Have you ever considered the simple form of the spiral as being strange, meaningful, containing depths of knowledge that have never before been understood? I can confess that I certainly hadn’t, but challenging the reader to contemplate the above is the momentous task Sedgwick set himself with this novel.
Objectively, the link may seem tenuous. The motif of the spiral links four very different stories: free verse describing ancient cave magic on the brink of the invention of language, a Crucible-esque story of seventeenth-century witch hunts, the underside of a 1920s asylum and finally a futuristic voyage to find a New Earth. The way all four stories weave in and out of each other is incredibly smooth, and rarely does the spiral theme seem forced. Each individual tale is engrossing, with a set of wholly intriguing characters, but it is not until the last page that the true message of the story is revealed.
In the first story, Sedgwick focuses on the spirals of the natural world. Circling falcons, snail shells and cave art represent the ancient magic surrounding the shape and how the primal bestiality of early humans has been shaped by trust in magic and prayer. The poetic form helps to indicate the uncertainty and potential existing within this hesitant civilisation.
Quarter two, The Witch in the Water, includes images of turning water wheels and spinning tops amidst the personal grudges and beliefs of the inhabitants of Welden Valley. A particularly horrible character, Father Escrove, arrives in the scene with a mission to uproot the heathen behaviour which he considers sinful. Sedgwick cleverly glides between unrequited love across the class divide, the toils of fulling work, burial rituals and age-old grudges without forgetting the reason for his writing: to prove that the spiral image exists below, within and above all events.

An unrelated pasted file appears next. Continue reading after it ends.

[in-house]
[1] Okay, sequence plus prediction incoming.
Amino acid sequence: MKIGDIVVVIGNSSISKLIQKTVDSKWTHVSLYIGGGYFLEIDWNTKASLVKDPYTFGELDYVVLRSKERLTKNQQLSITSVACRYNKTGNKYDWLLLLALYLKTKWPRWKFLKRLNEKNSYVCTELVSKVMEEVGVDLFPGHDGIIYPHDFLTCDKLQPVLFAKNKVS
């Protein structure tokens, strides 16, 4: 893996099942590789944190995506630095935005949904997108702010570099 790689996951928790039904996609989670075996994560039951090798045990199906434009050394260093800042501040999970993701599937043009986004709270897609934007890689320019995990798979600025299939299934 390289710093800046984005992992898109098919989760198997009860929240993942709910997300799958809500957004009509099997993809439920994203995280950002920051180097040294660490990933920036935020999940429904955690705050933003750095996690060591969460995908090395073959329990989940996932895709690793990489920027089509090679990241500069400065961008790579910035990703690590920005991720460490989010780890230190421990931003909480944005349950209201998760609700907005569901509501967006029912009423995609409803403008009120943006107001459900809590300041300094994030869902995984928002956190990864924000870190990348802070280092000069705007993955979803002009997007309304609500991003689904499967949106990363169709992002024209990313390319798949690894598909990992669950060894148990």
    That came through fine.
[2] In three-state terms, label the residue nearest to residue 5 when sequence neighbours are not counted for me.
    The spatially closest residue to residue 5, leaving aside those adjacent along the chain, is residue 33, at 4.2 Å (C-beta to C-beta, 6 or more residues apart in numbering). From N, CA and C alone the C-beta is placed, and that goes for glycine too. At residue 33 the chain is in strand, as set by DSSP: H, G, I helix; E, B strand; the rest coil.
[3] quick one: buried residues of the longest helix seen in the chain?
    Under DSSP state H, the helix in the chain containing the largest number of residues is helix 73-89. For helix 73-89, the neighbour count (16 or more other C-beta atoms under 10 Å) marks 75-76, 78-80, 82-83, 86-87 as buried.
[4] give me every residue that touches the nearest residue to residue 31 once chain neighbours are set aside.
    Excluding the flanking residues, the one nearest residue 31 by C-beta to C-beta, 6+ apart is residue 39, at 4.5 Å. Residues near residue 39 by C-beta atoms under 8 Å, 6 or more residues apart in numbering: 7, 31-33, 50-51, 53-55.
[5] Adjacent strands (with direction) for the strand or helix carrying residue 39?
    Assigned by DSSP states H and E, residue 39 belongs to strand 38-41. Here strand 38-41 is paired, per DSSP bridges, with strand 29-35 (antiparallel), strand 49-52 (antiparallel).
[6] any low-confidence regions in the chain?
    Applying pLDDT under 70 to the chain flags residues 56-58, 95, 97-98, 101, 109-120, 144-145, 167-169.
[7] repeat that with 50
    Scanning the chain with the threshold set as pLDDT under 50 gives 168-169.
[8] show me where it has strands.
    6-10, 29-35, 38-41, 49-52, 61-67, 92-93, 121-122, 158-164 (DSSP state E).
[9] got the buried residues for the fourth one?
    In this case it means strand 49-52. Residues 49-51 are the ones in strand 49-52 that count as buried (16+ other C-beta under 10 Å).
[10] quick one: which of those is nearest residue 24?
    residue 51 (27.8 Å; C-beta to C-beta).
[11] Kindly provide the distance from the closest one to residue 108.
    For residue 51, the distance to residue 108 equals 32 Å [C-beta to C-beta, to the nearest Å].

Section three is, in my opinion, the oddest of the lot. Bereaved Doctor James begins a new job at Orient Point Insane Asylum and becomes fascinated by the intriguing character of Dexter. As Dexter is a once-famous poet terrified of spirals and descending into a madness created by his own vast array of knowledge, this section leaves one with an indescribable feeling of both emptiness and resolve as similar to that provided by Sylvia Plath’s The Bell Jar. This is accompanied by suggestions of the doctor abusing his adopted daughter who is described as a replica of his dead wife, details which seem rather out of place in the grand scheme of the novel, though this is naturally subjective.
The final quarter is an excellent example of science fiction: well thought-out, realistic plot details in a futuristic, bordering on dystopian setting. Keir Bowman (the Space Odyssey references just keep coming) is charged with a cargo of five hundred human souls on a mission to find a new inhabitable planet. The narrative gradually progresses from gripping sci-fi story to suggestive, paradoxical prose dealing with existentialist ideas and ultimately challenging the reader to consider what it means to be human.
Overall, this book is definitely worth a read. I have long been a fan of Sedgwick’s novels and this one, with its intricate metaphors and startlingly introspective prose, has become another firm favourite.
Words by Annabelle Fuller